Arizona's White Supremacist Problem

First, a hate group says it gave money to Gov. Brewer. Then, an alleged neo-Nazi surfaced, doing desert patrols. Terry Greene Sterling on the race issue now dogging Sen. McCain’s campaign.

Jan Brewer (Ross D. Franklin / AP Photo)

Paul Babeu was elected sheriff of Pinal County, on the eastern edges of the Phoenix metro area, in 2008, and soon learned that opining about crime on the border was one way to get political attention. The tall, lanky, 40-year-old sheriff has bemoaned the federal government’s failure to police the border on Fox News, and has stumped for former presidential candidate John McCain in his red-hot Republican Senate primary battle in Arizona, including starring in a famous TV ad in which McCain insists the inept feds (read, Dems) build the “dang fence.”

Arizona’s new immigration law gives “racism a place to hide,” says professor Roxanne Doty.

Now J.D. Hayworth, McCain’s primary opponent, has gleefully prodded McCain to dump that dang TV ad—and distance himself from Babeu. What changed? The sheriff was a guest on a conspiracy-theorist show in early July, during which he hinted the Obama administration’s legal challenge to Arizona’s immigration law was “borderline” treason. The sheriff followed that interview up with a cameo appearance on a radio show linked to white supremacists.

The sheriff claimed ignorance, his spokesman took the blame for not researching the venues adequately—and McCain's team blamed the Hayworth camp for trying to smear a good lawman.

But the Babeu flap is just the latest way in which the fierce debate over Arizona’s new migrant law, which is being challenged in federal court and, barring an injunction or court ruling, is slated to take effect on July 29, has stirred up the ugly underside of immigration—hate groups with nativist and white-supremacist links. Long story short, Arizona’s new immigration law gives “racism a place to hide,” says Roxanne Doty, an Arizona State University professor who has long studied the nexus of white supremacy and immigration policy in Arizona.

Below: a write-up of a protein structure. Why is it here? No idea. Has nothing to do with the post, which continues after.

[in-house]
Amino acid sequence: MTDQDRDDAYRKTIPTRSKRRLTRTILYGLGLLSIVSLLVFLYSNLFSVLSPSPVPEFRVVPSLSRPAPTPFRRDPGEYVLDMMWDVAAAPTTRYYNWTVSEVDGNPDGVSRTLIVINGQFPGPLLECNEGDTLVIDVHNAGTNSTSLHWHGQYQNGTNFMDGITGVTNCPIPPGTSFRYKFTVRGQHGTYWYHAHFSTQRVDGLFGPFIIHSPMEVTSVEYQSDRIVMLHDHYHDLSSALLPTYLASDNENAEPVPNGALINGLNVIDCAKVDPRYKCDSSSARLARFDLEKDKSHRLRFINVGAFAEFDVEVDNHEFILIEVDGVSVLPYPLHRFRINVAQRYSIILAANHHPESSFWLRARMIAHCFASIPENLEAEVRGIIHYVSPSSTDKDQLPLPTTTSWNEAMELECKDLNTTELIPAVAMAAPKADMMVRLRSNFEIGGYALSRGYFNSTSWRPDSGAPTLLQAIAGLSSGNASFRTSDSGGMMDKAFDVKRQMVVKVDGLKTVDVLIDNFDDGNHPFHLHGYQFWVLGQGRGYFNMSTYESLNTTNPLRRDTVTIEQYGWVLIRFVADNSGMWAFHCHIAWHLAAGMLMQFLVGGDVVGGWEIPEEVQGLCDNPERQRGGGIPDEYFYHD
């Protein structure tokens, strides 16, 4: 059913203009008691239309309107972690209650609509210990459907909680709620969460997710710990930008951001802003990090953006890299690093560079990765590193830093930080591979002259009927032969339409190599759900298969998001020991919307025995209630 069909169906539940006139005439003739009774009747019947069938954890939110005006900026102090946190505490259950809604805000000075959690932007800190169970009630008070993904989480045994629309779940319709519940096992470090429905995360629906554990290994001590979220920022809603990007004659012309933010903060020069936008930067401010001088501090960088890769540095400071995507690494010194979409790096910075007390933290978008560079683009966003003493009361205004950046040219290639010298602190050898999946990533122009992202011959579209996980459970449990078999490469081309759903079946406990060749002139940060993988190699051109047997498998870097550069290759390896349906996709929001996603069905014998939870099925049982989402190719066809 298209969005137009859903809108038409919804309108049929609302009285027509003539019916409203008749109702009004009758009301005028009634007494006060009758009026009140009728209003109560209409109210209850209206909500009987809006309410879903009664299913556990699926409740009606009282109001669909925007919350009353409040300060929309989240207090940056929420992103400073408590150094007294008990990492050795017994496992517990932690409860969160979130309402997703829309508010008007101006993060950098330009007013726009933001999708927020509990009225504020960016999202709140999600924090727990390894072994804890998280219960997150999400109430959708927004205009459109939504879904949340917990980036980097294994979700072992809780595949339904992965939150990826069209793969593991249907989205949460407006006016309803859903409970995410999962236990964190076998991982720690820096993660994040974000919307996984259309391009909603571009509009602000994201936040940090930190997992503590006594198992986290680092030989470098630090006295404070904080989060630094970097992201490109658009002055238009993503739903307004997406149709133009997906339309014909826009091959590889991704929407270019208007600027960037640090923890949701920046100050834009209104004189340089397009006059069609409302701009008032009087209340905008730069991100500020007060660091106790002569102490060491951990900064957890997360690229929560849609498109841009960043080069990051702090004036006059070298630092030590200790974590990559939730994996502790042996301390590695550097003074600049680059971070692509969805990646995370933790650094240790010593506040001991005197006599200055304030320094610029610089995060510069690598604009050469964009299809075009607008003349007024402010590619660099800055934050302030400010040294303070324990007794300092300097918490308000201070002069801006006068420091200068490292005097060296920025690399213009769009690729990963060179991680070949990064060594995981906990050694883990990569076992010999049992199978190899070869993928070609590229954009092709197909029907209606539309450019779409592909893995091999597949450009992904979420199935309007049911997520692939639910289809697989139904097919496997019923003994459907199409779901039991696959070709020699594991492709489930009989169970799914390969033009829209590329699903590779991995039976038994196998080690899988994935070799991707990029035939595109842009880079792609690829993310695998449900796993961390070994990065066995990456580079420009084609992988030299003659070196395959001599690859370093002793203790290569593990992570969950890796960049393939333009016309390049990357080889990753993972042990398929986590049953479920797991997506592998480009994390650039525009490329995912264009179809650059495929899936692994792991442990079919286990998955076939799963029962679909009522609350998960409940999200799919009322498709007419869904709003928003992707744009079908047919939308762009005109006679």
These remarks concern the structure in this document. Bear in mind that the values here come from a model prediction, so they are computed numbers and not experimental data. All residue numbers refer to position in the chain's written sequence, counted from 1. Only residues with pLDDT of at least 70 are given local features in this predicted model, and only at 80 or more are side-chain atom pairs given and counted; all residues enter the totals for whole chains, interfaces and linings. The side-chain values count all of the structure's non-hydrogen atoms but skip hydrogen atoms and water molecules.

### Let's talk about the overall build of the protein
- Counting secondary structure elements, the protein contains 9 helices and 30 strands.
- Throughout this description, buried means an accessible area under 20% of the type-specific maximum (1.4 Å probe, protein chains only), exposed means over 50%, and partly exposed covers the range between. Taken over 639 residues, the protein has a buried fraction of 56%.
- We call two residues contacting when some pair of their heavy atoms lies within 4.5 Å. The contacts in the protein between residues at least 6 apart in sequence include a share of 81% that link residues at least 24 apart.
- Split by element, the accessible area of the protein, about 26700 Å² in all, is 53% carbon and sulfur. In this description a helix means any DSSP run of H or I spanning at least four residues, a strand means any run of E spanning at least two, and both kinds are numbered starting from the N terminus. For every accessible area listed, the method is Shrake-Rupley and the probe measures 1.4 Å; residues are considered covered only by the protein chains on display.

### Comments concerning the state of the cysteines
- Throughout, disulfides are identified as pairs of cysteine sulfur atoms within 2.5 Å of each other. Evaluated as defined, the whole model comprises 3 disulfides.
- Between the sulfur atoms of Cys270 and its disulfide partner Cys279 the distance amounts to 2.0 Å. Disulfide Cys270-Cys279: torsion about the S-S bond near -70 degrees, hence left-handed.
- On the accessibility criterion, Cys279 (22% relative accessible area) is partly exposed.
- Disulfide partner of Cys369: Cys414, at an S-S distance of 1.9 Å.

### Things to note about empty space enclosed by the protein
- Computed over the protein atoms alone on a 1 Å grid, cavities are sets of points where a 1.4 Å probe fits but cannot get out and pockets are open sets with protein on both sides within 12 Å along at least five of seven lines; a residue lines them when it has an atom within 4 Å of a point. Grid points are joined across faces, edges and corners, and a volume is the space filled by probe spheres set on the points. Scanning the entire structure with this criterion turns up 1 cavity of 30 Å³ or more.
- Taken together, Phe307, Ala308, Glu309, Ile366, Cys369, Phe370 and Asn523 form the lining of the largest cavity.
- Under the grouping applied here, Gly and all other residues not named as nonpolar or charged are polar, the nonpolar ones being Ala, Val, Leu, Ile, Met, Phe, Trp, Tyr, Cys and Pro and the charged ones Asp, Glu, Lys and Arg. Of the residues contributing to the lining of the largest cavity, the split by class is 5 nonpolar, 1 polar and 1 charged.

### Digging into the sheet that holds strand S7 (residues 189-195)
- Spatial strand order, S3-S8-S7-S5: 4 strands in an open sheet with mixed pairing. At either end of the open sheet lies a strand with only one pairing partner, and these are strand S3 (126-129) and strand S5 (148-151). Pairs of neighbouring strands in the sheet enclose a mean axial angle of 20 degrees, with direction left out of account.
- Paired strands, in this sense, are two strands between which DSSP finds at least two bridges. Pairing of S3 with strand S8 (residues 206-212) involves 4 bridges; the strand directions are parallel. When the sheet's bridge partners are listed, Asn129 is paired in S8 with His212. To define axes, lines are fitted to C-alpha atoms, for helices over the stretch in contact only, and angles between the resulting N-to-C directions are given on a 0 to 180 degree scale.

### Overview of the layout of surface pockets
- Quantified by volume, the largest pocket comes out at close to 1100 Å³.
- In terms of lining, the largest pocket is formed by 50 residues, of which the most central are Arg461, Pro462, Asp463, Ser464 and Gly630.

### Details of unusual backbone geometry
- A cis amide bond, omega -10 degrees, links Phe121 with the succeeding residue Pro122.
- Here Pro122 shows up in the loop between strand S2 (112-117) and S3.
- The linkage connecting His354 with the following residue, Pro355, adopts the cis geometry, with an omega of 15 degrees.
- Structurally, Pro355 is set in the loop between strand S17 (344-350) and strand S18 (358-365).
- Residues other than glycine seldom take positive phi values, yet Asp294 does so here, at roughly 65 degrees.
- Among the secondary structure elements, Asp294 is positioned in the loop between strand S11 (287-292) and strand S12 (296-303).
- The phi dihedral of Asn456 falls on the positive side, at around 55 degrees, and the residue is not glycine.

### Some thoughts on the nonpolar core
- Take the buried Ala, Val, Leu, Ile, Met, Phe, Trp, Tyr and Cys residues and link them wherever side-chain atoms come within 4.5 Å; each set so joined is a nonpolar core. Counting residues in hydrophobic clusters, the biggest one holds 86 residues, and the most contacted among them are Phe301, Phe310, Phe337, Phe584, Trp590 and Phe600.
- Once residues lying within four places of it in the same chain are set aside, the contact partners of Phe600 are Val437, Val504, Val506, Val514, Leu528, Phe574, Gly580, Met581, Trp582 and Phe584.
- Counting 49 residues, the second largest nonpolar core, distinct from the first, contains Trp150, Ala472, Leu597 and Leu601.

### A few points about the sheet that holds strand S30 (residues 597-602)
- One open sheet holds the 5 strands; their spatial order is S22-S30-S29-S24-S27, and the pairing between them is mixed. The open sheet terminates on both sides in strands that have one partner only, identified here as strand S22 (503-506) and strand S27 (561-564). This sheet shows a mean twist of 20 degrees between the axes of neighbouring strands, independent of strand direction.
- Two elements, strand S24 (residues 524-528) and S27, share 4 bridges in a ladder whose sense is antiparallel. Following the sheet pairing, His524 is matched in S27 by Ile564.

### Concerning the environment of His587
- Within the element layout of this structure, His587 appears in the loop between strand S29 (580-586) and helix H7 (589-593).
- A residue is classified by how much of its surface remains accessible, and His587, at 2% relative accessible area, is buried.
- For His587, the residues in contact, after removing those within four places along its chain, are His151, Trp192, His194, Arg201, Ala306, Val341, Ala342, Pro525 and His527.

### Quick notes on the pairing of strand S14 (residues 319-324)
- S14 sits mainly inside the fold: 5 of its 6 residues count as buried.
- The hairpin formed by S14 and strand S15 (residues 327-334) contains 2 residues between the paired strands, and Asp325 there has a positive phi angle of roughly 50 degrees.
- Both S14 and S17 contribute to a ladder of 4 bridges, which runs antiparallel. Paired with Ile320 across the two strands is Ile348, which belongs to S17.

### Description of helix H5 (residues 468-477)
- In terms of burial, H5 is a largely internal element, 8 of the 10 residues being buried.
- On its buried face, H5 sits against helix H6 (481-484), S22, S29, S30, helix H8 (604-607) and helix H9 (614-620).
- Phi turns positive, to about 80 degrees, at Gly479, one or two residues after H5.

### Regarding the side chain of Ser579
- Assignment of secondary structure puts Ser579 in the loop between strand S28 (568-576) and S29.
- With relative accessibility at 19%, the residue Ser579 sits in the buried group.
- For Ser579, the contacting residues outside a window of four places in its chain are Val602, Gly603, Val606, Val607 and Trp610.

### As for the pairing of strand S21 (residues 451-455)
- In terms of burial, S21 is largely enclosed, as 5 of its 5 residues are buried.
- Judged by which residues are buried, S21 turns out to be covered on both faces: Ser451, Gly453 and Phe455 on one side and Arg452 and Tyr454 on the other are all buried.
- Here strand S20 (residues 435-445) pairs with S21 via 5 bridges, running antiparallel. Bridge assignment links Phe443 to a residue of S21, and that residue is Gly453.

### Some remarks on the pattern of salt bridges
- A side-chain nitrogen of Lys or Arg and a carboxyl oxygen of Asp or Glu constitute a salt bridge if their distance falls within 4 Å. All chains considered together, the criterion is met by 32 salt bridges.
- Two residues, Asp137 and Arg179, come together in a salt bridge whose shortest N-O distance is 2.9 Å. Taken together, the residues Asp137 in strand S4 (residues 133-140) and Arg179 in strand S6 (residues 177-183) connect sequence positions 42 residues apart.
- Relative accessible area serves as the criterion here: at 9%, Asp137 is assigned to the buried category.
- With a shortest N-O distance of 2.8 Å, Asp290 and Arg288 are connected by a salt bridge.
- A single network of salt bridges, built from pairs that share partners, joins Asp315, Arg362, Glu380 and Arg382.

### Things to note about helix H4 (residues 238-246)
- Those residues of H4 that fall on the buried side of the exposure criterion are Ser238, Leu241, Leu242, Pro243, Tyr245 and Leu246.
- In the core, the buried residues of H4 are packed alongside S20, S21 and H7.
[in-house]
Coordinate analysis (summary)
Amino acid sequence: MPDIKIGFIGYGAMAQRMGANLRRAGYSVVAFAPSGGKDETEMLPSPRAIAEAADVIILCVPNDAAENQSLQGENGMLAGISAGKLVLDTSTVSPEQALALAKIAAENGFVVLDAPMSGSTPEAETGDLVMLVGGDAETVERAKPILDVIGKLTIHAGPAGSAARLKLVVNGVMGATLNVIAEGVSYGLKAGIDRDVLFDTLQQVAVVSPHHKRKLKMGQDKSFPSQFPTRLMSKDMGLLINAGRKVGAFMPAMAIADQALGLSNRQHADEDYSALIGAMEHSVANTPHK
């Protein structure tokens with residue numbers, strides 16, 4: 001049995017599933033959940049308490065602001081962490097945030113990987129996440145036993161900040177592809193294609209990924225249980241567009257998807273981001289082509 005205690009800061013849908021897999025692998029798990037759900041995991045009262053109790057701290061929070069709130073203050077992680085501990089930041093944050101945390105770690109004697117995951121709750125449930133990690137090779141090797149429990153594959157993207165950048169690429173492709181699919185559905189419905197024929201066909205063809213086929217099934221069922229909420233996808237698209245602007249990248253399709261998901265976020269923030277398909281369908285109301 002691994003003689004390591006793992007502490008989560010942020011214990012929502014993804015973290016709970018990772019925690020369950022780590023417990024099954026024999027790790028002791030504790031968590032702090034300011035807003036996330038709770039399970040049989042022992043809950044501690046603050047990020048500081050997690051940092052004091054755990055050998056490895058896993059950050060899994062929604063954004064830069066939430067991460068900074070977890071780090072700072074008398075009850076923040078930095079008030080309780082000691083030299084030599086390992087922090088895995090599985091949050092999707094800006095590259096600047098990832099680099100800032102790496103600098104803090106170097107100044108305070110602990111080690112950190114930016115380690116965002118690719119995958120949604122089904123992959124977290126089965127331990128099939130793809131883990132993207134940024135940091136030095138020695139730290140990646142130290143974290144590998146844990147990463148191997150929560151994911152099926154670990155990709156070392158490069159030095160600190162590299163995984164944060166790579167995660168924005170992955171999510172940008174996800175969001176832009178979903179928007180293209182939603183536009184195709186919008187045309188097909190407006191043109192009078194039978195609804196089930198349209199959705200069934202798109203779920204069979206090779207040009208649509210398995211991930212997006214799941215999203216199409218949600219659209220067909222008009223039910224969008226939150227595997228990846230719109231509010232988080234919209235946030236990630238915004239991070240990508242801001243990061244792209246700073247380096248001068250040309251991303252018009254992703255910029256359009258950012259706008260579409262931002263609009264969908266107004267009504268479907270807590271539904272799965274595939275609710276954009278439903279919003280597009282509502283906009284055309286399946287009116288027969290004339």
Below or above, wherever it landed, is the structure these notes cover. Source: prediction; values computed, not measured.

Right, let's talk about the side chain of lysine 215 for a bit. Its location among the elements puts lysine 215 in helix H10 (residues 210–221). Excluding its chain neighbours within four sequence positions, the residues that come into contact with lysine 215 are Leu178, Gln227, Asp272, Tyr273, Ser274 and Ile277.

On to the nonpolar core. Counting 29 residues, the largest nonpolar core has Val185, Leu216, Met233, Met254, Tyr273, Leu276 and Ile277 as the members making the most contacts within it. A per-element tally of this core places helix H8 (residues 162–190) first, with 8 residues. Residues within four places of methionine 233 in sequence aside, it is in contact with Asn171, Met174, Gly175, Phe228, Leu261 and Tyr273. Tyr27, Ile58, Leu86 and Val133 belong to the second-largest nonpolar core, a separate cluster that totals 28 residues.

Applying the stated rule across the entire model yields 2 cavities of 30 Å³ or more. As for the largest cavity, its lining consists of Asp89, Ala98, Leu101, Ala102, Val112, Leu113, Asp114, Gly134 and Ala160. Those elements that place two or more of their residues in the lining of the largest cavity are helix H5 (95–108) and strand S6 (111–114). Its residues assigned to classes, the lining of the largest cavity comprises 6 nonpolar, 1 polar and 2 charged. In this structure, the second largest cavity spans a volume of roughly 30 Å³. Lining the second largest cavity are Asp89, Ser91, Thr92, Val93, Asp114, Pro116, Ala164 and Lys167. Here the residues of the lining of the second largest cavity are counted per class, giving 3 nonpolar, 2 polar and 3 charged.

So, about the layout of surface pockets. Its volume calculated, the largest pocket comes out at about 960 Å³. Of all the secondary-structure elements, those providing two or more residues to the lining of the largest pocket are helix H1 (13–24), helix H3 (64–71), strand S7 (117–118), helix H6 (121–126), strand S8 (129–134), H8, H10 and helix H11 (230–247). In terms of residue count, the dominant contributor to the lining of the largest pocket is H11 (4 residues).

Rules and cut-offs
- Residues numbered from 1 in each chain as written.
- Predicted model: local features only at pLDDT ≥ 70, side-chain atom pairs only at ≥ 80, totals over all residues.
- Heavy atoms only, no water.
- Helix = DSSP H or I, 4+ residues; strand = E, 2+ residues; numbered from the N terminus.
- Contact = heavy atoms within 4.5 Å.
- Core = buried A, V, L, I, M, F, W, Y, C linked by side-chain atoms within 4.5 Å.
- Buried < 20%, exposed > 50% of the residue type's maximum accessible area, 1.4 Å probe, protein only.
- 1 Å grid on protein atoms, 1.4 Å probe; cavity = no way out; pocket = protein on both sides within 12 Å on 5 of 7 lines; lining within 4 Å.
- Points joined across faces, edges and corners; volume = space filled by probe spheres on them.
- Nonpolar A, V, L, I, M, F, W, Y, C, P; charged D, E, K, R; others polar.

These days, tough-talking election-year politicos like McCain and Arizona Gov. Jan Brewer, who signed the state’s new measure into law, are learning the hard way that their campaign tough-stand-on immigration rhetoric can attract strange and unwelcome bedfellows.

Questions continue to swirl around a reported donation by a white-supremacist group to a legal defense fund set up by Gov. Brewer. The defense-fund contribution was announced July 13 on the website of American Third Position, a white supremacist political party. This came swiftly on the heels of the news that a heavily armed gaggle of “patriots” with alleged neo-Nazi ties had begun patrolling the border area.